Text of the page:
One of the issues I've written about periodically this year is the potential for a federally funded infrastructure investment program to be pursued by the next executive administration. The positive response Trump received from supporters with respect to such, starting last summer, became the catalyst for Clinton to increasingly promote her own version of the same.
It's been about two months since I last discussed the issue.
Since then Clinton has officially won the Democratic nomination, ensuring that infrastructure is now on the agenda for the 2018 budget and beyond, no matter who wins in November.
Another issue has begun to take shape in the past two months, and it is also in support of this occurring. Federal Reserve bank presidents have begun promoting the need for fiscal stimulus measures and supporting doing so by way of infrastructure investment, due to its high fiscal multiplier.
The latest to weigh in publicly in support of fiscal stimulus generally and through infrastructure investment specifically was John Williams, the President of the Federal Reserve Bank of San Francisco.
One of Williams' motivations for suggesting fiscal stimulus by way of infrastructure is that monetary policy is not providing the countercyclical stimulus anticipated, and changes to how it is implemented need to be considered.
I won't discuss that here, but other bank presidents have begun to publicly express similar thoughts concerning the need for fiscal support for monetary policy and infrastructure as the preferred route for such.
There are two fundamental aspects of this that are important for investors to be aware of.
The first is that, after having greatly reduced public discussion of the need for fiscal policy support for monetary policy since Janet Yellen took over as the Fed Chair, FOMC members are once again doing so.
The second, and more important point, is that the discussion concerning such is coming from bank presidents, not Fed governors this time.
Federal Reserve bank presidents reflect the desires of the member banks and bank clients in their respective regions, and the overall state of the economic environment in them. That means that they are expressing the collective desires of the real world experience of lenders and borrowers.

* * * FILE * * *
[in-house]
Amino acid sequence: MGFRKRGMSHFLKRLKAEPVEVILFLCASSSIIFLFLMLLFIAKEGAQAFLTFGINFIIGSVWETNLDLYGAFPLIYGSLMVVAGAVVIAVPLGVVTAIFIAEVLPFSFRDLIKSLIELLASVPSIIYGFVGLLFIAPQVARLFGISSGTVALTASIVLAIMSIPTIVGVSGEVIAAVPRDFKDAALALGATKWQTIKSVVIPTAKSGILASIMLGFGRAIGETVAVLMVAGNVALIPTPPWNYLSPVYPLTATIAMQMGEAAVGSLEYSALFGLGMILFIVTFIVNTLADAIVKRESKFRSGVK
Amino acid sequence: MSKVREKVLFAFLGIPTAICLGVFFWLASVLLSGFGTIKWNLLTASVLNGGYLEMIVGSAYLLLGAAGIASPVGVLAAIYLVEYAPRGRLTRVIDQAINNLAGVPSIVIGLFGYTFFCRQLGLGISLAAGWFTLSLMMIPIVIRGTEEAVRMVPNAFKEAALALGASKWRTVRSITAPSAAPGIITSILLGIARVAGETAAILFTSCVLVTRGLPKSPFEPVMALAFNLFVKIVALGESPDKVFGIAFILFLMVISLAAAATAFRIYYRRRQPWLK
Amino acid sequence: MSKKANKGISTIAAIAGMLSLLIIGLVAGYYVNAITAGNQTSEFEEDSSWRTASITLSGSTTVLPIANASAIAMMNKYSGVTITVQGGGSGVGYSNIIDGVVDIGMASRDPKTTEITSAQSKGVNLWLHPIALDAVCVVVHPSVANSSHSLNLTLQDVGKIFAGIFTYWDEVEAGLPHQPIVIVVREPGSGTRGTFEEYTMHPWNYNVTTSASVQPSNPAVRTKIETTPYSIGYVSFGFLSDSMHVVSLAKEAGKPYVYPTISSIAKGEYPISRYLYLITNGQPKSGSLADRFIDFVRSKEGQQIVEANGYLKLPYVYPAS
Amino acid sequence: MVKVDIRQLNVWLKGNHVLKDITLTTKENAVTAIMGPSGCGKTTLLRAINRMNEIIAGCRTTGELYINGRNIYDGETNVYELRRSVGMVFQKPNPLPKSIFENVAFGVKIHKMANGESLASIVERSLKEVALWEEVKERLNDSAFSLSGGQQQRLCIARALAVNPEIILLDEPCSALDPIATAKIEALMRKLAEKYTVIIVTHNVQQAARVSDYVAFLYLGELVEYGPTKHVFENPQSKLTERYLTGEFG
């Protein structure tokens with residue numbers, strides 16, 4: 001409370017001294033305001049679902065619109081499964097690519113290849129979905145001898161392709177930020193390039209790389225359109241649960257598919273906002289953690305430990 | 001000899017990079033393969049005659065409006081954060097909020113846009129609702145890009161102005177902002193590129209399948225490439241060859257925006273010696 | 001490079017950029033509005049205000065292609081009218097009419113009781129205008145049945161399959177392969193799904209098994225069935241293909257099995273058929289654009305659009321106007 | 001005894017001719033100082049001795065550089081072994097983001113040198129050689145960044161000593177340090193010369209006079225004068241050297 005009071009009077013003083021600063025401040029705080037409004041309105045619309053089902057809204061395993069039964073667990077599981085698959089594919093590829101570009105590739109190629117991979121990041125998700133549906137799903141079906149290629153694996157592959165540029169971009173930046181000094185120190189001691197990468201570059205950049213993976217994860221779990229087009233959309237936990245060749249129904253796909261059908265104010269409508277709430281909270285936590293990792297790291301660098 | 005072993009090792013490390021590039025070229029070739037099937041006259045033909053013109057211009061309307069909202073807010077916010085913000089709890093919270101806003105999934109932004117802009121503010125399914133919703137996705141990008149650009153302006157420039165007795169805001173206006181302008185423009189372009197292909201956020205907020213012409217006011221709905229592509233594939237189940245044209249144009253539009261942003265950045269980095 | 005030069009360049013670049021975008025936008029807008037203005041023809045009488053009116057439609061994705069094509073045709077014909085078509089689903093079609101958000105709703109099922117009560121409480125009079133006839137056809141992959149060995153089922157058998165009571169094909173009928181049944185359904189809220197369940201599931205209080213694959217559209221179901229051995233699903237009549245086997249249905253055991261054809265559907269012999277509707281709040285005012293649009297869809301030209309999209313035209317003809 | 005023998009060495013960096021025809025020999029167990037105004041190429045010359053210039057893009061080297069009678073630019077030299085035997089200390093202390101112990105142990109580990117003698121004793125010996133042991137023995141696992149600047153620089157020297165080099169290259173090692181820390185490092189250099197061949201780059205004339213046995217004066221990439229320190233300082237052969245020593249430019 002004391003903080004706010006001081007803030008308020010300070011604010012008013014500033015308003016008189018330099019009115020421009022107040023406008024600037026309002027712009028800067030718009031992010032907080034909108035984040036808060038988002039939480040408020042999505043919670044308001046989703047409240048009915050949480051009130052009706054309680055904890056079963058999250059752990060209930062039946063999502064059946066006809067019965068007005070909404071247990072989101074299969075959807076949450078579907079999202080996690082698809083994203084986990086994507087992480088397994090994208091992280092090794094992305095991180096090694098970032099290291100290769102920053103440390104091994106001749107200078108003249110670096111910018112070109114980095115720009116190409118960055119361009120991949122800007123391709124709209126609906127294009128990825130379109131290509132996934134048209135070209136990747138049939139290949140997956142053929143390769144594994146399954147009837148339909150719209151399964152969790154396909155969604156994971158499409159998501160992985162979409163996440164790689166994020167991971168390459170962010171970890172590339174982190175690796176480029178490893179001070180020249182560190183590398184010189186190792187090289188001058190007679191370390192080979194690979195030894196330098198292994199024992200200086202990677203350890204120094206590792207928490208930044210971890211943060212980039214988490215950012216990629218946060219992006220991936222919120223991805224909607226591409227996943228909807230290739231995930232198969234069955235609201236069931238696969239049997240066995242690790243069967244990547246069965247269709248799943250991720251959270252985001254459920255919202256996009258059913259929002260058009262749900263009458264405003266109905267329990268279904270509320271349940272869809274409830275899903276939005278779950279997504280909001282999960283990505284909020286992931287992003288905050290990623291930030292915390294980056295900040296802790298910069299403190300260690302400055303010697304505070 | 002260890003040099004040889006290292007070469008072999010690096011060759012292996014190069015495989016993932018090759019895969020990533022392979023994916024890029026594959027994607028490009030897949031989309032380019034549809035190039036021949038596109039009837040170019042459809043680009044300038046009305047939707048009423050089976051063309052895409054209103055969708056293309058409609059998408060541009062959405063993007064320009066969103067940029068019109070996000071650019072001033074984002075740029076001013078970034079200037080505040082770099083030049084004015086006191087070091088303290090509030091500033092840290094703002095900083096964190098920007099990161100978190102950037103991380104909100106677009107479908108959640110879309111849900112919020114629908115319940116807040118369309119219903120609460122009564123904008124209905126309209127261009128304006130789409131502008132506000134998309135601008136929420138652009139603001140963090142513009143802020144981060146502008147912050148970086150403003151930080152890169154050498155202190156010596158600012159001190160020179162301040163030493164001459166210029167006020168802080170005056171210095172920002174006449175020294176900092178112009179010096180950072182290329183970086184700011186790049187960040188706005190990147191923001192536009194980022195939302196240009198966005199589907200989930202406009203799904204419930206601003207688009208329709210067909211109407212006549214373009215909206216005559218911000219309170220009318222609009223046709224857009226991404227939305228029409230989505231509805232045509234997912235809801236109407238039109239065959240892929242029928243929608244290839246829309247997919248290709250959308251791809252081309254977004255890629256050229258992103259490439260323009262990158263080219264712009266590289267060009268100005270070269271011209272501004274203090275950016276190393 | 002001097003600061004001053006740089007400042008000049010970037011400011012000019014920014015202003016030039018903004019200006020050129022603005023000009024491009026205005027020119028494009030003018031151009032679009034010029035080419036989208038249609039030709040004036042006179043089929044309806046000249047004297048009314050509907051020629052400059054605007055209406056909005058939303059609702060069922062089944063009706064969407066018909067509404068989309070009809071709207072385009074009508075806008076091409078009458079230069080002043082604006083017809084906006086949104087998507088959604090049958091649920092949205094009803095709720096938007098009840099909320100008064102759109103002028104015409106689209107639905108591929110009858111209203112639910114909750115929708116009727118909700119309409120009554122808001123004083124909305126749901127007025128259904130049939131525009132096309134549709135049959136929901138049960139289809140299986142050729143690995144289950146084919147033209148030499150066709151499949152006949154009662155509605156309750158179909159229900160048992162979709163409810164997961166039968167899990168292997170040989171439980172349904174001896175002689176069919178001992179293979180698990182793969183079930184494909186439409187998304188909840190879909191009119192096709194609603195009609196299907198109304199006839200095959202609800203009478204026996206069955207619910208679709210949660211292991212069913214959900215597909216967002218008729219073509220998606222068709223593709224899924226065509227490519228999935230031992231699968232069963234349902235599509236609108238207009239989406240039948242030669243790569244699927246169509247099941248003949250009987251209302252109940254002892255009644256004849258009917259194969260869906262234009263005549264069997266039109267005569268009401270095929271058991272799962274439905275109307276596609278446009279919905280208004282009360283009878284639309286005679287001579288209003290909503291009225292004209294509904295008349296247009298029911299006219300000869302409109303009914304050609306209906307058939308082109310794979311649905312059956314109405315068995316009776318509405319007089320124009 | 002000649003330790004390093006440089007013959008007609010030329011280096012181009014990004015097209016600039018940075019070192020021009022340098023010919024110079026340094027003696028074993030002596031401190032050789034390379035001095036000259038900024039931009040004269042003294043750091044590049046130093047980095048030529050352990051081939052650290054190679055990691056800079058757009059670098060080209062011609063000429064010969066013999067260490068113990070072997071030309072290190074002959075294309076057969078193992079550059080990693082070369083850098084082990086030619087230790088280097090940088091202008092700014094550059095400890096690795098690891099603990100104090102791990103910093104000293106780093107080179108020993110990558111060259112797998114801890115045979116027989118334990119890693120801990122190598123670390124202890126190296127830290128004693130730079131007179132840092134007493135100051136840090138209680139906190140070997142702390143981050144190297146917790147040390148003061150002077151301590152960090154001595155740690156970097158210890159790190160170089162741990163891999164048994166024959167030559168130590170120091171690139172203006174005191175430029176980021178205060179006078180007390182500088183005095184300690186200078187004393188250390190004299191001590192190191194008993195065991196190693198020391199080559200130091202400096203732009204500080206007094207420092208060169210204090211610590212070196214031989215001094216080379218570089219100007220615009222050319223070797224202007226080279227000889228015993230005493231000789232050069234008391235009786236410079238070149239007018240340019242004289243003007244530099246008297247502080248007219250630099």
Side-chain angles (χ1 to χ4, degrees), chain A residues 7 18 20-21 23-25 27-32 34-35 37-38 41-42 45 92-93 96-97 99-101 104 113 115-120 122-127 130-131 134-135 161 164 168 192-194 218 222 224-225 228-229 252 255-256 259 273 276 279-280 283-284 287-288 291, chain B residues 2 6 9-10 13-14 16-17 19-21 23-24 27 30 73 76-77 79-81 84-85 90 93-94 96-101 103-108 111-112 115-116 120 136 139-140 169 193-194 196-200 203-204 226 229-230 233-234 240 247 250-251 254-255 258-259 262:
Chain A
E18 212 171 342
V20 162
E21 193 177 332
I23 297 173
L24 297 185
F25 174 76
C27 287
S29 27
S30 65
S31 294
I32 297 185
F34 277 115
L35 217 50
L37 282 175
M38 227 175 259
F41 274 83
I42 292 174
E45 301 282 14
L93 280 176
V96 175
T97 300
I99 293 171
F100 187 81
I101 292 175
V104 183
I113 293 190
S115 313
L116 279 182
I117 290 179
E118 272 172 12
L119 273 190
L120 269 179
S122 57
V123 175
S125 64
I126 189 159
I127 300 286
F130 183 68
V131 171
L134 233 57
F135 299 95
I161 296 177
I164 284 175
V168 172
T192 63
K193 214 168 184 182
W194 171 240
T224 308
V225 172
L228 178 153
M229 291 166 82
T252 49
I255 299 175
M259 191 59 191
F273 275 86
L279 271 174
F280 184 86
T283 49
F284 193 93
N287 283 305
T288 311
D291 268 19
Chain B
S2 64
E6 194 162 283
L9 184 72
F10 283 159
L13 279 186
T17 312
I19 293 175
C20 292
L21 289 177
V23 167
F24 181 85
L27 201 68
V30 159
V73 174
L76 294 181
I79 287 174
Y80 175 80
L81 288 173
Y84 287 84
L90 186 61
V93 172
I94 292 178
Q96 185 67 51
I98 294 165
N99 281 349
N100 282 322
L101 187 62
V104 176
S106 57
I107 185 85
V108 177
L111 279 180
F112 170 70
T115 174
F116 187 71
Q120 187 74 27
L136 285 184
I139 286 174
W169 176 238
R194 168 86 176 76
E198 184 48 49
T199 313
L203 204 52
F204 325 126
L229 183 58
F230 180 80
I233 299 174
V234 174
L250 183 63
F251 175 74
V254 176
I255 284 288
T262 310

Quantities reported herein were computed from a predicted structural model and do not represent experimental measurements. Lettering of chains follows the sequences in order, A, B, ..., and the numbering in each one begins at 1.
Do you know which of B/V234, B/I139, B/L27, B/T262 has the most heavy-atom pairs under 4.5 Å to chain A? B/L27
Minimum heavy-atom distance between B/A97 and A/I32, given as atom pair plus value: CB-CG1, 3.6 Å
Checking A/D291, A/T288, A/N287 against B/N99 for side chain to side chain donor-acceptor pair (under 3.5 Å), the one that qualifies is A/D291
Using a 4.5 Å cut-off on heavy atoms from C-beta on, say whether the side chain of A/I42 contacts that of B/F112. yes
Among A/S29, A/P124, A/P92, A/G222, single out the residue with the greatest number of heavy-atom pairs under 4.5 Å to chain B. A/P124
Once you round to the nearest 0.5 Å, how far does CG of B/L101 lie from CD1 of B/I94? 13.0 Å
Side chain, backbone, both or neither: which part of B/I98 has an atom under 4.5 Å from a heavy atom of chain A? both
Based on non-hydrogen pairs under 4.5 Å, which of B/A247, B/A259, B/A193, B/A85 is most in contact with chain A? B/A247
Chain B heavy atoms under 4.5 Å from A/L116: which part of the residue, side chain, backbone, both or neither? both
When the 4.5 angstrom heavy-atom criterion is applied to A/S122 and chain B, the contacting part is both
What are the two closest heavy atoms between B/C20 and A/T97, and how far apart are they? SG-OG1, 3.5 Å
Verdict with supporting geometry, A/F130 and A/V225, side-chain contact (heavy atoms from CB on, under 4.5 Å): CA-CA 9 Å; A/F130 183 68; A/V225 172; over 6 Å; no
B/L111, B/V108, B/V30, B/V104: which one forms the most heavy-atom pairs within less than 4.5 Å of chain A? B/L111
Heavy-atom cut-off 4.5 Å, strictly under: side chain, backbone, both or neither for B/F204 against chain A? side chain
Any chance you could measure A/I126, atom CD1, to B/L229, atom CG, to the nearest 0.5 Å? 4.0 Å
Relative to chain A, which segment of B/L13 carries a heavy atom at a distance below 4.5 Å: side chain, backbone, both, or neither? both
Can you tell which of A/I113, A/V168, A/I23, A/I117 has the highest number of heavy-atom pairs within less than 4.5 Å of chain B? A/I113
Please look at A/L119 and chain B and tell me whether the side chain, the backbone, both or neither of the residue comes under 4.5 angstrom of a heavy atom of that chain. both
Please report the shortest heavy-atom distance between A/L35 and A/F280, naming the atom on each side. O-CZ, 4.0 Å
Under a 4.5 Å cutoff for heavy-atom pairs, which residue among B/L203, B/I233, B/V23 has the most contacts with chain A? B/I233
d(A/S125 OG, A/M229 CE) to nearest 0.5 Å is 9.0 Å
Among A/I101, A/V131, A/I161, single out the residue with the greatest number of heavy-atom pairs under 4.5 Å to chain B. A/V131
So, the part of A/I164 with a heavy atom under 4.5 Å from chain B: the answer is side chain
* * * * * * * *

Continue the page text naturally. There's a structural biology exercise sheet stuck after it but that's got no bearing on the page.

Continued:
When Fed bank presidents state that monetary policy isn't succeeding, that fiscal stimulus is needed and that infrastructure investment is how to do so, they are, by implication, reflecting the fact that private sector demand has been exhausted and demand must now come from the public sector.
I last addressed that issue in the column "Fed Fails to See No Pent-Up Demand Is Left". It appears now that Fed bank presidents have finally been made aware of this situation by their constituencies and are acting on it.
While this provides major support for the political viability of an infrastructure investment program being implemented at the federal level during the next administration, it is perplexing to me that the Fed governors are still not publicly voicing support for such a program.
In fact, no Fed governor has even given a public speech in the last month, or since Clinton was officially nominated by the Democratic party, let alone discussed fiscal stimulus or infrastructure.
As I discussed in the June column referenced at the beginning of this column, Fed Chair Yellen refused to comment on the issue in her semi-annual monetary policy report to the Congress, even as members of Congress were obviously seeking her support for such program.
I'm not really sure what to make of that at this point, but it appears that the bank presidents are breaking ranks with Fed governors and the Chair over the issue.
It is possible that the lack of support for a fiscal stimulus package by the Fed governors is a reflection of the Federal Reserve Board's desire to have an expanded mandate and more power, and that fiscal stimulus would undermine the political viability of that occurring.
Regardless of the lack of support from the Fed governors, the fact that both presidential candidates have made infrastructure investment a central part of their platforms and the Fed bank presidents are beginning to offer public support for it means that it is highly likely it will be implemented in some form and to some degree for 2018 and beyond.
The three preferred equities for speculating on such a program occurring that I've written about this year are Jacobs Engineering Group (JEC) , Fluor Corporation (FLR) , and Chicago Bridge & Iron Company (CBI) .
Jacobs is up 29% year to date and Fluor is up 9%, but Chicago Bridge is down 14%.
I'm not sure why Chicago Bridge hasn't performed better, but it may have to do with its status as a Dutch company and concerns that domestic federally funded infrastructure will be primarily directed to U.S.-based companies.